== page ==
Monday, January 31, 2011
A Sino Symposium: Wine in China
I lived and worked in Shanghai for 5 years from 2002 to 2007. It was a fantastic time to be in this decadent town as it grew at breakneck speed and emerged as a global city. The only real drawback for me personally was my inability to pursue my love of wine during this period. During the time I was there, there really wasn’t much of a wine scene to talk about. Most Chinese wine that could be purchased was not worth seeking out. Some decent overseas wine could be purchased in the large Western supermarkets that exist in Shanghai, but the range was very limited, and the price was typically double what you might pay for the wine in Australia. There weren’t any wine bars. Some interesting and quality wine could be had at some of the top Western restaurants but the mark up was ridiculous. As such 2002 to 2007 marked a significant hiatus in my wine journey.
Now, three and a half years later, my wife and I have just come back from a 3 week holiday in China. It was our first time back there since returning to Sydney in 2007. For my wife it was a chance to see her family who are in Sichuan, while for me I still have plenty of friends up there so it was a great chance to catch up with them. While we were pretty busy and did lots of travelling in between cities and provinces, I did also get a chance to look at how the wine scene has changed, through the time we spent in Shanghai, Beijing, as well as a visit we made to Qingdao, the capital of Shandong province, which is the largest producer of Chinese wine (and indeed where Chateau Lafite is developing a vineyard).
The wine scene in China
You have possibly read about the explosion of Chinese purchasing top global wines, in particular Bordeaux. Auctions in Hong Kong have seemingly come to fetch some of the highest prices globally for rare wines. Chateau Lafite placed the Chinese symbol for 8 on the 2008 Lafite, and apparently the auction price rose by 20% overnight. This rise in Chinese interest in wine is also now evident within China as well. The change in a place like Shanghai has been remarkable. Wine bottleshops and wine bars are evident throughout the centre of town, where 3-4 years ago they didn’t exist. Within these vinous locations, moreover, good ranges of quality wine can be found. Beijing is similar though perhaps not to be seen in quite the same numbers.
In Qingdao, there is a pretty impressive Wine Street that was opened in 2009. The street has about a dozen different wine retailers. These stores all have slightly different focuses, with one for example selling solely French wine, some selling solely Chinese wine, and some selling a combination of local and imported wine but with perhaps a focus on Chilean wine for example. On this street there is also a wine museum, which was actually a very impressive venue. You walk down a tunnel that takes you a fair way underground and there is then a labyrinth of displays and presentations that is very informative and well set out.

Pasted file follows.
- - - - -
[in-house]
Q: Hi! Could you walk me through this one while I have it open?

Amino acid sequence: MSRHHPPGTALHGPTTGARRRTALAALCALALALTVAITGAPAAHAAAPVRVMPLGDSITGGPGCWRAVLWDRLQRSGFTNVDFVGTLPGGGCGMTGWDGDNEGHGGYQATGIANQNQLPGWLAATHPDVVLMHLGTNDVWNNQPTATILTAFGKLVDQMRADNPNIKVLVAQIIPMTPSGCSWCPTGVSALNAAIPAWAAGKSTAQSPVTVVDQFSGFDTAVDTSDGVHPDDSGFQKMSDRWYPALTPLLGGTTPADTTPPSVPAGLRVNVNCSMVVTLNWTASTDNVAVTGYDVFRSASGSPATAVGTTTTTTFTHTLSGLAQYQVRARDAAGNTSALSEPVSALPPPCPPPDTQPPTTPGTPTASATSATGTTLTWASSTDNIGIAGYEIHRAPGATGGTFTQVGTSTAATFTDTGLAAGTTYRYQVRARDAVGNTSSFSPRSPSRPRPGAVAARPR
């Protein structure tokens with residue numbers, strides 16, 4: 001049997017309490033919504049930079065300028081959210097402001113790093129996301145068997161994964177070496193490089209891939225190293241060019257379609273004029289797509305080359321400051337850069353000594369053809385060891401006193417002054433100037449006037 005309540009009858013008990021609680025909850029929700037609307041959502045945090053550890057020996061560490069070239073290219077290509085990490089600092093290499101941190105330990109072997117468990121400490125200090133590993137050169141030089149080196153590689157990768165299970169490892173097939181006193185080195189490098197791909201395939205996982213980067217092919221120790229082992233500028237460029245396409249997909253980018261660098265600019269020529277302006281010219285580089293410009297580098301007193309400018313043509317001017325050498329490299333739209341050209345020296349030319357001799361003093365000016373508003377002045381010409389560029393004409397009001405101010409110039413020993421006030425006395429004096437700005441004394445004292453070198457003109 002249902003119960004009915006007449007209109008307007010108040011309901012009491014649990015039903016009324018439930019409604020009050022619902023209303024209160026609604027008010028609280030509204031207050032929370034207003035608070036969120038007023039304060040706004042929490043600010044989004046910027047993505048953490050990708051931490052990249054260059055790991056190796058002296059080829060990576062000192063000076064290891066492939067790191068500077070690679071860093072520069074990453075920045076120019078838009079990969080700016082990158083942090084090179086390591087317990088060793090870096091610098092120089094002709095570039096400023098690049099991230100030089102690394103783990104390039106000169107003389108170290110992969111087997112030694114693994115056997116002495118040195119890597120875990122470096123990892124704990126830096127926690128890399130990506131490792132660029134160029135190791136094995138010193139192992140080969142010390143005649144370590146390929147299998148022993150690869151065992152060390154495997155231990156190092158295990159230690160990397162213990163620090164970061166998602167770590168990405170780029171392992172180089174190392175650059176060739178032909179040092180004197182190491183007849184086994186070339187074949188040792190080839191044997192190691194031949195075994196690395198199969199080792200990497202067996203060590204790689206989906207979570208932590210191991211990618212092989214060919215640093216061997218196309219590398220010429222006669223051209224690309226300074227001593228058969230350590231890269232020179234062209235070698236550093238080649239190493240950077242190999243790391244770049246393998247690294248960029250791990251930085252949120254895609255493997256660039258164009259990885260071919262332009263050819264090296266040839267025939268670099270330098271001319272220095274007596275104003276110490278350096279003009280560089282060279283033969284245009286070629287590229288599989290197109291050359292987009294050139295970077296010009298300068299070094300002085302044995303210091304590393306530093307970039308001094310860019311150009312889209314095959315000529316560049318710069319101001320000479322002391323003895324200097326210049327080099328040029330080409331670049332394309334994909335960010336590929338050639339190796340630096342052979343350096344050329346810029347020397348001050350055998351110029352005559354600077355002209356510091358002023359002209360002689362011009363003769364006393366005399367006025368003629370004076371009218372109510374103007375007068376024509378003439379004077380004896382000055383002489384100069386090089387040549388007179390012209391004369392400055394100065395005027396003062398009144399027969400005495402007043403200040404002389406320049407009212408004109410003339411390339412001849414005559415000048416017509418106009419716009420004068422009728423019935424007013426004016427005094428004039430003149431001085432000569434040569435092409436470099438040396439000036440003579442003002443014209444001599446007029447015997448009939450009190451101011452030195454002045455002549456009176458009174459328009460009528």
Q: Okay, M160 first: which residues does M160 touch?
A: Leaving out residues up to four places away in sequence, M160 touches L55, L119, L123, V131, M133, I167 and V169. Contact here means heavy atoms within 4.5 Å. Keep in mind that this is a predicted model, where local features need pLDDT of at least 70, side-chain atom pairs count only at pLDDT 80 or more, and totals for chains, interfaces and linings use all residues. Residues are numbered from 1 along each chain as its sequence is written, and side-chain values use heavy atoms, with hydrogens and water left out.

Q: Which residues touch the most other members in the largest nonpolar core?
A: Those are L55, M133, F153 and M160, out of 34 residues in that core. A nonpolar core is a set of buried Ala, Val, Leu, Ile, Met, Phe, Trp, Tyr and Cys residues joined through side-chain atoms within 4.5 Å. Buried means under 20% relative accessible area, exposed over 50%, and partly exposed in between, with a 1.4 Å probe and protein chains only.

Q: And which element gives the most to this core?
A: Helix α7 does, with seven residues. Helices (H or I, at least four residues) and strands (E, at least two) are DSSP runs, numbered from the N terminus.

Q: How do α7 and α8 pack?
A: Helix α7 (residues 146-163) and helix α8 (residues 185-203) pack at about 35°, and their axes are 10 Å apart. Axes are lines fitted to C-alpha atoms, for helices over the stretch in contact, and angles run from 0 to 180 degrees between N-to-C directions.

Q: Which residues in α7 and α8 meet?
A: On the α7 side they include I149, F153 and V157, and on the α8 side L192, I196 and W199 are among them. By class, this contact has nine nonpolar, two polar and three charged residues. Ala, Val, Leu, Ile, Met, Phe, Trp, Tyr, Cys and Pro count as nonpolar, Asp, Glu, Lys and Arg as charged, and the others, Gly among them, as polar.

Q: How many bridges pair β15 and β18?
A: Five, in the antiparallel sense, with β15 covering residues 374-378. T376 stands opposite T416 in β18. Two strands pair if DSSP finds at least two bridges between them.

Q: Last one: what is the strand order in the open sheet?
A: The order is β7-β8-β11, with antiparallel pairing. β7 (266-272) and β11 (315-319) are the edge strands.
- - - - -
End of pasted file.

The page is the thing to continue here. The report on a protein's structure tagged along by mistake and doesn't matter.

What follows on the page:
(The entrance of the Wine Museum in Qingdao)
This wine scene, whether you be in Shanghai, Beijing, or Qingdao, is dominated by red wine with apparently about 85% of the wines China imports being red. For many Chinese people, wine is red wine. They have their own sorts of golden and straw coloured alcohols, so to drink wine is to drink something red. What will be interesting to me is how that percentage changes as it becomes a more knowledgeable wine drinking market. The reason this interests me is that to my mind a lot of Chinese food doesn’t actually go that well with wine, and yet in a sophisticated wine market matching food with wine is a common behavior, even if it’s as simple as matching white wine with white meat and red wine with red meat. However, a lot of Chinese food is heavily flavoured and overpowers most wines. At the same time a Chinese meal normally has multiple dishes on the table at one time, of often very different flavours, textures, and meats. Picking a wine to go with such a meal can be a bit of a challenge. There are some obviously successful matches, like Pinot Noir and Beijing Duck, but I would argue that they are the exception rather than the rule. If the Chinese start to make specific matches, like matching Riesling with a Shanghai style fish dish, then perhaps we will start to see the percentage of white wine increase. If however, it all proves a bit difficult, as I have often personally found, then red wine may remain dominant, as a drink that is consumed somewhat separately from local food.
It would also be fair to say that the wine scene is dominated by French wine. This is perhaps understandable given France’s primacy in terms of reputation as a wine producer, but the French have also definitely made a concerted effort to reinforce this. The French expat community in Shanghai for example, is now the second largest only behind the Japanese, and a significant number of them seem to be in some way involved in exporting and marketing wine in China. That being the case, how is Australia doing?
Australian Wine in China
From the get-go it became apparent that we are doing in China what we have seemingly failed to do in places like the UK and US. Excellent Australian wines can be found in the bottle shops and wine bars. Indeed I think the bottle shops in Shanghai have a far better selection of Australian wines than do most London bottle shops. I was in London in May of 2009 and was generally depressed at the crap that represented Australia wine on the shelves of most wine retailers. In contrast, of the 5 or 6 bottle shops I walked into in Shanghai I think there was only one Australia wine that I would classify as a critter wine, while the vast majority were from good Australian producers that I would happily buy in Australia. Cape Mentelle, Dalwhinnie, and Shaw & Smith are examples of wineries that were well represented.